> 1.9 MEarth
> 15.6 MEarth
> 5.4 MEarth
> 7.1 MEarth
The Time Evolution of Circumstellar Habitable Zones
We will now look at the evolution of star systems over time and investigate how that affects the circumstellar zone. We will focus exclusively on stellar evolution which is well understood and assume that planets remain in their orbits indefinitely. Many researchers believe that planets migrate due to gravitational interactions with each other and with smaller debris, but that is not shown in our simulator.
We will make use of the Time and Simulation Controls panel. This panel consists of a button and slider to control the passing of time and 3 horizontal strips:
· the first strip is a timeline encompassing the complete lifetime of the star with time values labeled
· the second strip represents the temperature range of the CHZ – the orange bar at the top indicates the inner boundary and the blue bar at the bottom the outer boundary. A black line is shown in between for times when the planet is within the CHZ.
· The bottom strip also shows the length of time the planet is in the CHZ in dark blue as well as labeling important events during the lifetime of a star such as when it leaves the main sequence.
Stars gradually brighten as they get older. They are building up a core of helium ash and the fusion region becomes slightly larger over time, generating more energy.
Question 8:Return to the none selectedmode and configure the simulator for Earth (a 1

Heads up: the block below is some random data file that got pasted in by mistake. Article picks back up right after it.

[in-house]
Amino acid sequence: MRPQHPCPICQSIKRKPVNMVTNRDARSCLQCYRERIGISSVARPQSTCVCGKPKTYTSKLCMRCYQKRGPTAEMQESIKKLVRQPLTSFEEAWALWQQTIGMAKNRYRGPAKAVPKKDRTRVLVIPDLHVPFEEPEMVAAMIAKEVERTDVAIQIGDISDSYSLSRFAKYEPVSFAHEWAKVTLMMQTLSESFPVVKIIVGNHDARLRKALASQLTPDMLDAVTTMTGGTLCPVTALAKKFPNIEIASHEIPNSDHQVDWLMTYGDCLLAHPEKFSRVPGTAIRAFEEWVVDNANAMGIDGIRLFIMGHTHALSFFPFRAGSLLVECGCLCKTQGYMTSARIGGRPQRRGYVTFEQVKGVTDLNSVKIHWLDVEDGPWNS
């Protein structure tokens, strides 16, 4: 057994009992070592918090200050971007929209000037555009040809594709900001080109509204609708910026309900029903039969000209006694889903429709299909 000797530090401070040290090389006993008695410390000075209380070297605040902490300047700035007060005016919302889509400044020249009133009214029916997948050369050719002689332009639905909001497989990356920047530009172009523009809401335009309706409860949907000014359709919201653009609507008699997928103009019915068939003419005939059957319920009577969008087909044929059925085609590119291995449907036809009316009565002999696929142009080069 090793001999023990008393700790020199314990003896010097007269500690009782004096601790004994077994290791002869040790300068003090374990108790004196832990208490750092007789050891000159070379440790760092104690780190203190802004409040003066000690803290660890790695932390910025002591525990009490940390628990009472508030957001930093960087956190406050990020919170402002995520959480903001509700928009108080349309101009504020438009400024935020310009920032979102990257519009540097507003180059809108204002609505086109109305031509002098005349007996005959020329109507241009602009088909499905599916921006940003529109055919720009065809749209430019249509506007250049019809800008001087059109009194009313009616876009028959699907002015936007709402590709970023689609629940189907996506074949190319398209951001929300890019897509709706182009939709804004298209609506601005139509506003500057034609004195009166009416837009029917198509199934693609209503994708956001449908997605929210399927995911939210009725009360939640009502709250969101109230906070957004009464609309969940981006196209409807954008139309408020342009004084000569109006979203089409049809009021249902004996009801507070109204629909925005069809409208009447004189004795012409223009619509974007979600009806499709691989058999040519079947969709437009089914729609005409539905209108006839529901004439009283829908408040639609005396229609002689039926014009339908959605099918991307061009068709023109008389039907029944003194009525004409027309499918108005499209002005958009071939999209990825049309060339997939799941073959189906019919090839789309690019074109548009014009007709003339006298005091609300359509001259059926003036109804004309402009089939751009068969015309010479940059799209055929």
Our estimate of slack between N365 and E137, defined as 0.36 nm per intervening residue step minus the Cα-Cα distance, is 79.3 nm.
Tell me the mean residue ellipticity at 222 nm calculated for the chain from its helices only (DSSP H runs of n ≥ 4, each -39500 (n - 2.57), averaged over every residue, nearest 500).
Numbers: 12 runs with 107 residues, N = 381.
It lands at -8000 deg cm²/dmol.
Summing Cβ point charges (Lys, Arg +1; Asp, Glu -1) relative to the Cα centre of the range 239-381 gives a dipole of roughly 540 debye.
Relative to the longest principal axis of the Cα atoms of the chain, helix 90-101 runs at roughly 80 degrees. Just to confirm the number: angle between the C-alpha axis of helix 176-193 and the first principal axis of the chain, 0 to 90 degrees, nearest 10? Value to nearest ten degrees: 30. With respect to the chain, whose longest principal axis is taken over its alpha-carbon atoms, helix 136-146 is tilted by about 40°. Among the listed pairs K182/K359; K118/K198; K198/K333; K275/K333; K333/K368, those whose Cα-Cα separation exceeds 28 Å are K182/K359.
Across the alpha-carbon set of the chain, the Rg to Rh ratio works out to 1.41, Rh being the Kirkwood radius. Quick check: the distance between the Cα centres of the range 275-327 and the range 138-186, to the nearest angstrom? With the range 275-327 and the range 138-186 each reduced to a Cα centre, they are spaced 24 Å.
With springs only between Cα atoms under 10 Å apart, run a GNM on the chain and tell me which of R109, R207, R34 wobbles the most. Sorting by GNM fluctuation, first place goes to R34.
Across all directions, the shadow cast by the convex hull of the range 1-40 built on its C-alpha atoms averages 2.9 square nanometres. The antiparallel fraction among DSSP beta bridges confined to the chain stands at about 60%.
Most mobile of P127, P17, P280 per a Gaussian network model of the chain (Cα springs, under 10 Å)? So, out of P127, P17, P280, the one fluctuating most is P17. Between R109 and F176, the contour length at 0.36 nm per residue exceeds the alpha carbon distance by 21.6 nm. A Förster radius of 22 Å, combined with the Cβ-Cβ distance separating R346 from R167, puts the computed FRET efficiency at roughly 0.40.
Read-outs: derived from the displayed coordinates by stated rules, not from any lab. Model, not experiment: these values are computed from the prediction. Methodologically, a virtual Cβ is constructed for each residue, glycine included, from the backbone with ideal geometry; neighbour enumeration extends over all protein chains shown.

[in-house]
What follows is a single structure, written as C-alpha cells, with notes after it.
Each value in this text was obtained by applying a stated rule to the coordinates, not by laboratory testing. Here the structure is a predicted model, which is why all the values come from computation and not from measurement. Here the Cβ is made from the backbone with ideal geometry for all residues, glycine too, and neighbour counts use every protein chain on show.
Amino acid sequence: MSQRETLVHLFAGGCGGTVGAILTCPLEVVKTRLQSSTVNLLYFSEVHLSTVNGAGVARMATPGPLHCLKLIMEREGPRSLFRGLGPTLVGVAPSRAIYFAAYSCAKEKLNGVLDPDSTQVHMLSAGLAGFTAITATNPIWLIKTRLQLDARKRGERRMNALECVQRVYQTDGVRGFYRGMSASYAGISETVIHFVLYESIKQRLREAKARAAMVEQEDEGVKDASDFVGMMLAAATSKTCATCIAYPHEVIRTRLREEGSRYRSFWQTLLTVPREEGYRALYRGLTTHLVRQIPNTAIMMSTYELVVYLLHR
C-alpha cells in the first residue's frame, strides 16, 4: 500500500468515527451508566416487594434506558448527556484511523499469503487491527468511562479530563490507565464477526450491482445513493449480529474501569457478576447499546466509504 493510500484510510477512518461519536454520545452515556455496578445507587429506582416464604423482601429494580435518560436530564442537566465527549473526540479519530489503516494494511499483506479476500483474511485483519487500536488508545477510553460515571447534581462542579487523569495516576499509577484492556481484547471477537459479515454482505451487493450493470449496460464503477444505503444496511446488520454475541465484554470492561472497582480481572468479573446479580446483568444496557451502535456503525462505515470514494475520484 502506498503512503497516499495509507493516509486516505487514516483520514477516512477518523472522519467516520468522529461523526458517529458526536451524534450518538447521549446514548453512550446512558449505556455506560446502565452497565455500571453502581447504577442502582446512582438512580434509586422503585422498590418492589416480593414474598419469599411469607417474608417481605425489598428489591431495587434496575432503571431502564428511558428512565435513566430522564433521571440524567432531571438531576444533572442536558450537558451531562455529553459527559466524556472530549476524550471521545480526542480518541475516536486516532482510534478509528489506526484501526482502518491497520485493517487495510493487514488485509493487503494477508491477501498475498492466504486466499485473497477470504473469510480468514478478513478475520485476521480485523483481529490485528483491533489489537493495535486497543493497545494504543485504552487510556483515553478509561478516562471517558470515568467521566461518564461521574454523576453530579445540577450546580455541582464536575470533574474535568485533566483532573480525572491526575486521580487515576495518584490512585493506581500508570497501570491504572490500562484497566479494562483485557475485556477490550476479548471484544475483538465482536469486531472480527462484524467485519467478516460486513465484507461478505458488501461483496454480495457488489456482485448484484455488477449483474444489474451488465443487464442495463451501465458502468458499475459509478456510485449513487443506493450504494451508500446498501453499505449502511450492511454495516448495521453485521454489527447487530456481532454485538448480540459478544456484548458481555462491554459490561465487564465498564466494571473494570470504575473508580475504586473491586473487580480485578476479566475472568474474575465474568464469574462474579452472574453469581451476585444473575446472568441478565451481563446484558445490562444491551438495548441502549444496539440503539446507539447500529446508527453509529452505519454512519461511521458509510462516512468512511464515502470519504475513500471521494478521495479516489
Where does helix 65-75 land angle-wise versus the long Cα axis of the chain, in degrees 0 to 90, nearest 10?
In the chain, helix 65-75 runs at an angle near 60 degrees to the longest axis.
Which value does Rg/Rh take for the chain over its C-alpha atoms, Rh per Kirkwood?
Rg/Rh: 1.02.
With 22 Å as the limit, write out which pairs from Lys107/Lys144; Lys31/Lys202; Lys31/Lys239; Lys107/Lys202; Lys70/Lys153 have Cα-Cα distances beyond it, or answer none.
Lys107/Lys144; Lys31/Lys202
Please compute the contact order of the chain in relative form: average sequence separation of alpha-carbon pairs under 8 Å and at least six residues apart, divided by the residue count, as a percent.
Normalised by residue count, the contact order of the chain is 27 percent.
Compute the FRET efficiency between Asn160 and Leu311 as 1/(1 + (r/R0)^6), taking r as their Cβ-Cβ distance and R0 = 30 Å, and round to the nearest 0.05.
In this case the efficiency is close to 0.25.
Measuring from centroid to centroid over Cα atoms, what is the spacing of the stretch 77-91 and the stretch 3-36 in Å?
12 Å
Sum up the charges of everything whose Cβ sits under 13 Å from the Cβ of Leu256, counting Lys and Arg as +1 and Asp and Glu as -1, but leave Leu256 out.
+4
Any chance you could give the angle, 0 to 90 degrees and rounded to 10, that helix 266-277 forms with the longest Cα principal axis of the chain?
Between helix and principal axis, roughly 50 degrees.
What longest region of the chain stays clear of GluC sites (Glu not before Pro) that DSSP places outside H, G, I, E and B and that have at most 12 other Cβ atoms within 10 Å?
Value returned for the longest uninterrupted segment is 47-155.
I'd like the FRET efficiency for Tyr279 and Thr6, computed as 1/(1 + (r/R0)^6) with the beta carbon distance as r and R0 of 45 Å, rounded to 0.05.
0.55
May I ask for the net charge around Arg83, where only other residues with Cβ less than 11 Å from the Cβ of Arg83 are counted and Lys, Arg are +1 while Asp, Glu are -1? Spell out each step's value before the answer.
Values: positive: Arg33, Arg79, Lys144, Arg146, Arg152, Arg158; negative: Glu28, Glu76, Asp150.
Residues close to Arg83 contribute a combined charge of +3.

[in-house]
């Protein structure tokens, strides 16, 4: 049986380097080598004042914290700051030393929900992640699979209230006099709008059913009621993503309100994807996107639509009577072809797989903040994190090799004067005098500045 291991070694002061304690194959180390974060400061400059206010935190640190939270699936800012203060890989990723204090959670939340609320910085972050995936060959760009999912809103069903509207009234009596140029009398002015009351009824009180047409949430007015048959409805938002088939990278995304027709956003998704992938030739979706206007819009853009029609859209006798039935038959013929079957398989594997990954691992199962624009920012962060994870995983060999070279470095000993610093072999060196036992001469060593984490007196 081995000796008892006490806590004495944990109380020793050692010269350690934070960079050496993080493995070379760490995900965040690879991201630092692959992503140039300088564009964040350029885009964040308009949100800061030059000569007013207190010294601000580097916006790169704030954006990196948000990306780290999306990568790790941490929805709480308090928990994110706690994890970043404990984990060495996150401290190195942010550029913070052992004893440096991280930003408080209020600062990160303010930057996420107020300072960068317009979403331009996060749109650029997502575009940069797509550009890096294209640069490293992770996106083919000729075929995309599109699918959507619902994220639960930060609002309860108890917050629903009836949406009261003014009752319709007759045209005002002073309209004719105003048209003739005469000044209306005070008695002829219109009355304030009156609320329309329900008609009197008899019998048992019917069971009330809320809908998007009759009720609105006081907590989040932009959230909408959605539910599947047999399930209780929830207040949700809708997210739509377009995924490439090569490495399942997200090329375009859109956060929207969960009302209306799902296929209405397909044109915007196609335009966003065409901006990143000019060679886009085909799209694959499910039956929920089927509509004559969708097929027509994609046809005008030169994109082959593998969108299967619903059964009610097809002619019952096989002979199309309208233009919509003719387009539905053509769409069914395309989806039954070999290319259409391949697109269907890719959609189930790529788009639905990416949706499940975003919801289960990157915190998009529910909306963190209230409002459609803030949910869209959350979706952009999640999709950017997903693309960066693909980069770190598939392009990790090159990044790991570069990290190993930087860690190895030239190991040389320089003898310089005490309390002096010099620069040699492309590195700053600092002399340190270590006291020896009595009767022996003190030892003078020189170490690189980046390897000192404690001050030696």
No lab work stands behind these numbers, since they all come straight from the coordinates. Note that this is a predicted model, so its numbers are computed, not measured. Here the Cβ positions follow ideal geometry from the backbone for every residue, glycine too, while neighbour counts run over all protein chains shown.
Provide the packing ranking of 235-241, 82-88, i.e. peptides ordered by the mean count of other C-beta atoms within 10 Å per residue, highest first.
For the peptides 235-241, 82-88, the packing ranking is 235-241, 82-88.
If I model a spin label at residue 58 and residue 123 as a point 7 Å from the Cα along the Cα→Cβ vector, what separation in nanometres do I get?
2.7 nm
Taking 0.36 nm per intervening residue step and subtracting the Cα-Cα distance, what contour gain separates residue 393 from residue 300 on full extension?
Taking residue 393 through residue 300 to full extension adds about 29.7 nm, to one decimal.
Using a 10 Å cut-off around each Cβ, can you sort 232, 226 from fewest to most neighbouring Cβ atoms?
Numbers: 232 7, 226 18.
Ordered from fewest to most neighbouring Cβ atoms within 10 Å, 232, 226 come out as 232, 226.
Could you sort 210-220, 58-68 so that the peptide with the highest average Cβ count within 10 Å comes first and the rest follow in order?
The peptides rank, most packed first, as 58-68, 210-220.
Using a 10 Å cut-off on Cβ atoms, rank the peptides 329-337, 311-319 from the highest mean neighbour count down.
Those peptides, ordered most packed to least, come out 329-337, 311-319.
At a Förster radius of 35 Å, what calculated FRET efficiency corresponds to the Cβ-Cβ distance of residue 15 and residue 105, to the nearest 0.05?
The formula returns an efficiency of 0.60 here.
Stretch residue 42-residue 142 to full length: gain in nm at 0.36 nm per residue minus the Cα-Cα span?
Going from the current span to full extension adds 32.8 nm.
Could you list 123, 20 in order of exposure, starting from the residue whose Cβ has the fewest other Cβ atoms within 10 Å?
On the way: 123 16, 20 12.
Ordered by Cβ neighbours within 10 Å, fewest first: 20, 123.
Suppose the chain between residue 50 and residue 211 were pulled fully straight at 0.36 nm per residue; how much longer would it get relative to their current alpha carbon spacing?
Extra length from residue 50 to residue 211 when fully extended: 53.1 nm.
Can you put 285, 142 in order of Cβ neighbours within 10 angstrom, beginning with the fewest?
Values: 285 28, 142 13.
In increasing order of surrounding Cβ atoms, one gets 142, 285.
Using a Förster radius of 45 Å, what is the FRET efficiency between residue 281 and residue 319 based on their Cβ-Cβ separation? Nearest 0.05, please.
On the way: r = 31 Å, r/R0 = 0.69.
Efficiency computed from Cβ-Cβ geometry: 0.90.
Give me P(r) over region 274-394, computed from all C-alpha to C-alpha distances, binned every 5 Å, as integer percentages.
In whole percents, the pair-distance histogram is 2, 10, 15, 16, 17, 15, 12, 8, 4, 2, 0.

M star at a distance of 1 AU). Note that immediately after our Sun formed Earth was in
the middle of the CHZ. Drag the timeline cursor forward and note how the CHZ moves
outward as the Sun gets brighter. Stop the time cursor at 4.6 billion years to represent the
present age of our solar system. Based on this simulation, how much longer will Earth be
in the CHZ?
Question 9:What is the total lifetime of the Sun (up to the point when it becomes a white dwarf and no longer supports fusion)?
Question 10:What happens to Earth at this time in the simulator?
You may have noticed the planet moving outwards towards the end of the star’s life. This is due to the star losing mass in its final stages. We know that life appeared on Earth early on but complex life did not appear until several billion years later. If life on other planets takes a similar amount of time to evolve, we would like to know how long a planet is in its CHZ to
evaluate the likelihood of complex life being present.
To make this determination, first set the timeline cursor to time zero, then drag the planet in the diagram so that it is just on the outer edge of CHZ. Then run the simulator until the planet is no longer in the CHZ. Record the time when this occurs – this is the total amount of time the planet spends in the CHZ. Complete the table for the range of stellar masses.
Question 11:It took approximately 4 billion years for complex life to appear on Earth. In which of the systems above would that be possible? What can you conclude about a star’s mass and the likelihood of it harboring complex life.